Things I Learned from Reading Grimms’ Fairytales to My Five Year Old
Well, I did it.
It’s taken many long, tortuous weeks, but I finally finished reading Max that giant book of Grimms’ fairytales he was given as a baby, but which I wasn’t quite sure when he’d be old enough to read.
Well, NEVER is the answer to that question. NEVER is the age at which a child becomes old enough to read Grimms’ Fairytales. I’m not even sure I’M old enough to read those stories, and I’m REALLY freakin’ old, let me tell you.
But.. that one where the Queen isn’t allowed to speak, because she has to sew shirts for six years (Which, I mean, COME ON, even I could sew faster than that…)? And so her mother-in-law steals her baby while she’s asleep, smears blood all over the Queen’s gown (WHERE DID SHE GET THE BLOOD, THO?), then tells the King she killed it? And the King’s just like, “Well, it’s a shame, but I guess we better burn her to death, then!”?
I found that one quite hard to explain to a 5 year old, to be honest. And for some reason, there were two separate versions of it in The Grimm Book, as I think of it (both of them with the blood-smearing and the burning to death, though), so that was double the fun.
Then there was this teeny-tiny boy (Not Tom Thumb, just another teeny tiny boy) (Who was also called Tom, though, because if you had a boy who was the size of your thumb, what else are you gonna call him?) who was kidnapped by a giant. The giant fed him until Tom also turned into a giant (Which is something Tom’s parents should really have thought of, shouldn’t they?), then he was allowed to return home, where his parents – who don’t really come out of this story well – immediately kicked him back out again, saying they couldn’t afford to feed him now. So Big Tom went to a farmer and offered to work for him, saying he would work for a year without pay, as long as he was allowed to slap both the farmer and his wife at the end of the year.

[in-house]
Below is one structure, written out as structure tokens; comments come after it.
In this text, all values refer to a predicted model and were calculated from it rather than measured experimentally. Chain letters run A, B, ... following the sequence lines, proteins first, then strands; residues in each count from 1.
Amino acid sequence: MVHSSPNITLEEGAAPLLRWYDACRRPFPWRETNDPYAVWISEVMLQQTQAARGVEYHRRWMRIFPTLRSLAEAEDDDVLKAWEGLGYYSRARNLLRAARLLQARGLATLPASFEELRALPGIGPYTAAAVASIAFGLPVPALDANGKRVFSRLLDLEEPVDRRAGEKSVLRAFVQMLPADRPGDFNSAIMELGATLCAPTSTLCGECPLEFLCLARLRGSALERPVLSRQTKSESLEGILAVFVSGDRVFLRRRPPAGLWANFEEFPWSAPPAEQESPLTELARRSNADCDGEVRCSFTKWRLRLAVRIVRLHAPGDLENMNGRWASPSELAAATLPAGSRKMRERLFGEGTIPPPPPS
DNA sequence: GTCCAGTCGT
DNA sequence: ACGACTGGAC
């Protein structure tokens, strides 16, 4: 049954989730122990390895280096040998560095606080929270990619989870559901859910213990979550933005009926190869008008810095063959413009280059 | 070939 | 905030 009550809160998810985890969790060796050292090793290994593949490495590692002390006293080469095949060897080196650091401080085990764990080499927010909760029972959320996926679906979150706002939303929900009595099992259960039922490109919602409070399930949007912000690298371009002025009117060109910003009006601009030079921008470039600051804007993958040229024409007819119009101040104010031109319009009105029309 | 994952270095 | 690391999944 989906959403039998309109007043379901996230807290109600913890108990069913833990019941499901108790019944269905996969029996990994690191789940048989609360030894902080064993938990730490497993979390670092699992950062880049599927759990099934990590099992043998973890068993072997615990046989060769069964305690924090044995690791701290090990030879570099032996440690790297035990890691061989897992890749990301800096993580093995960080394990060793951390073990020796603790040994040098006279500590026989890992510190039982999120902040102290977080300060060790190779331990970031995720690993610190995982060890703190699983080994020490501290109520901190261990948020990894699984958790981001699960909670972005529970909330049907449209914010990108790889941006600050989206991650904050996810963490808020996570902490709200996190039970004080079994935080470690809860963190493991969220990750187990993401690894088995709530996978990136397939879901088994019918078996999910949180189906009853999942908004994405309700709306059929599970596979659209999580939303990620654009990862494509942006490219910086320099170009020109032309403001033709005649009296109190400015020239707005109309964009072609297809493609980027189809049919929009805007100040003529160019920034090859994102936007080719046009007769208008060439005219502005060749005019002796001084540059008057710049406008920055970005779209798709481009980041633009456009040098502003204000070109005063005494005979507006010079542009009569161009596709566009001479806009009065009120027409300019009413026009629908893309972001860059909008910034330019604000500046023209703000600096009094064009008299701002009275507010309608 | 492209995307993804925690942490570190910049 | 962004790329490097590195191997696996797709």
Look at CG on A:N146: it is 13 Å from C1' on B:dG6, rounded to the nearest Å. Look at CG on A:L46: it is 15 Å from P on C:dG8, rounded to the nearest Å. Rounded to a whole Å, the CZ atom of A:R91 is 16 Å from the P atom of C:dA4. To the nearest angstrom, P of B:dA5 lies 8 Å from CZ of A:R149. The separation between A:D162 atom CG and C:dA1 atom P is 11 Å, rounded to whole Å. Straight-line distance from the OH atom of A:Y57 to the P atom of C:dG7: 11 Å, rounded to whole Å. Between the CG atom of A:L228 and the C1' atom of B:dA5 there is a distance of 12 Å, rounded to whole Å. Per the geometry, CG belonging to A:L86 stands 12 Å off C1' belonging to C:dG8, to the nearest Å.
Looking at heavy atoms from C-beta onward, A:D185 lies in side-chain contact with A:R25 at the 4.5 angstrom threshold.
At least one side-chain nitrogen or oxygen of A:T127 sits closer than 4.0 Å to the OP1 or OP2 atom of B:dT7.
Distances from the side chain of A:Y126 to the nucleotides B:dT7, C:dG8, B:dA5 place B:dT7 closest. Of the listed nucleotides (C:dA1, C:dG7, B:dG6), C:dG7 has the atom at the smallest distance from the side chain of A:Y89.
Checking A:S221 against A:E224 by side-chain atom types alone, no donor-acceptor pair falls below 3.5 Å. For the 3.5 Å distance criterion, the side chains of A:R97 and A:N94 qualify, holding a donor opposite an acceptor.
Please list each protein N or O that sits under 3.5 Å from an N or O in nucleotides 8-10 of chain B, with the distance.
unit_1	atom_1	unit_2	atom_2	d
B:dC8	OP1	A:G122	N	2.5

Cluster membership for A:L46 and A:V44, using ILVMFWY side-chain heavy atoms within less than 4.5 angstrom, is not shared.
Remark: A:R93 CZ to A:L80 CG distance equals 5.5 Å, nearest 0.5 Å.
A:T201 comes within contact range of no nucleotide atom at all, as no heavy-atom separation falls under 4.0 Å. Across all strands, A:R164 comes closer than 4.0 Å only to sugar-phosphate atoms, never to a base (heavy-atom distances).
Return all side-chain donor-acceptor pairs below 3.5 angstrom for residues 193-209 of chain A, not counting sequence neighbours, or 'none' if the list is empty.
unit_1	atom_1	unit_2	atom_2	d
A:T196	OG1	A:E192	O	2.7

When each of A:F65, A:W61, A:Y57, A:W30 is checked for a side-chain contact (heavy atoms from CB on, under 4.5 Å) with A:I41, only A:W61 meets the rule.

Yes, that took a turn for the unexpected, didn’t it?
Well, naturally the farmer and his wife didn’t believe him, so they agreed to the deal. But at the end of that year, Tom DID slap the farmer and his wife. He slapped them so damn hard, in fact, that he sent them flying so high into the air that they never came back down. Then Tom stole the farm and lived happily ever after. The End.
(Not so much the farmer and his wife, though. They were still in the sky.)
Now, most of the stories in this book provide your child with the cynical – but not inaccurate – message that if you’re good and beautiful, everyone will love you, but if you’re a bit ugly, really, well, you better hope you’re good at witchcraft, if you catch my drift. This one, on the other hand, seemed to provide the very different message that, actually, sometimes the bad guys win and you just get kicked up into the sky. So, yeah, night-night, kids! Sleep tight!
Related: Over-Thinking Disney Movies – Frozen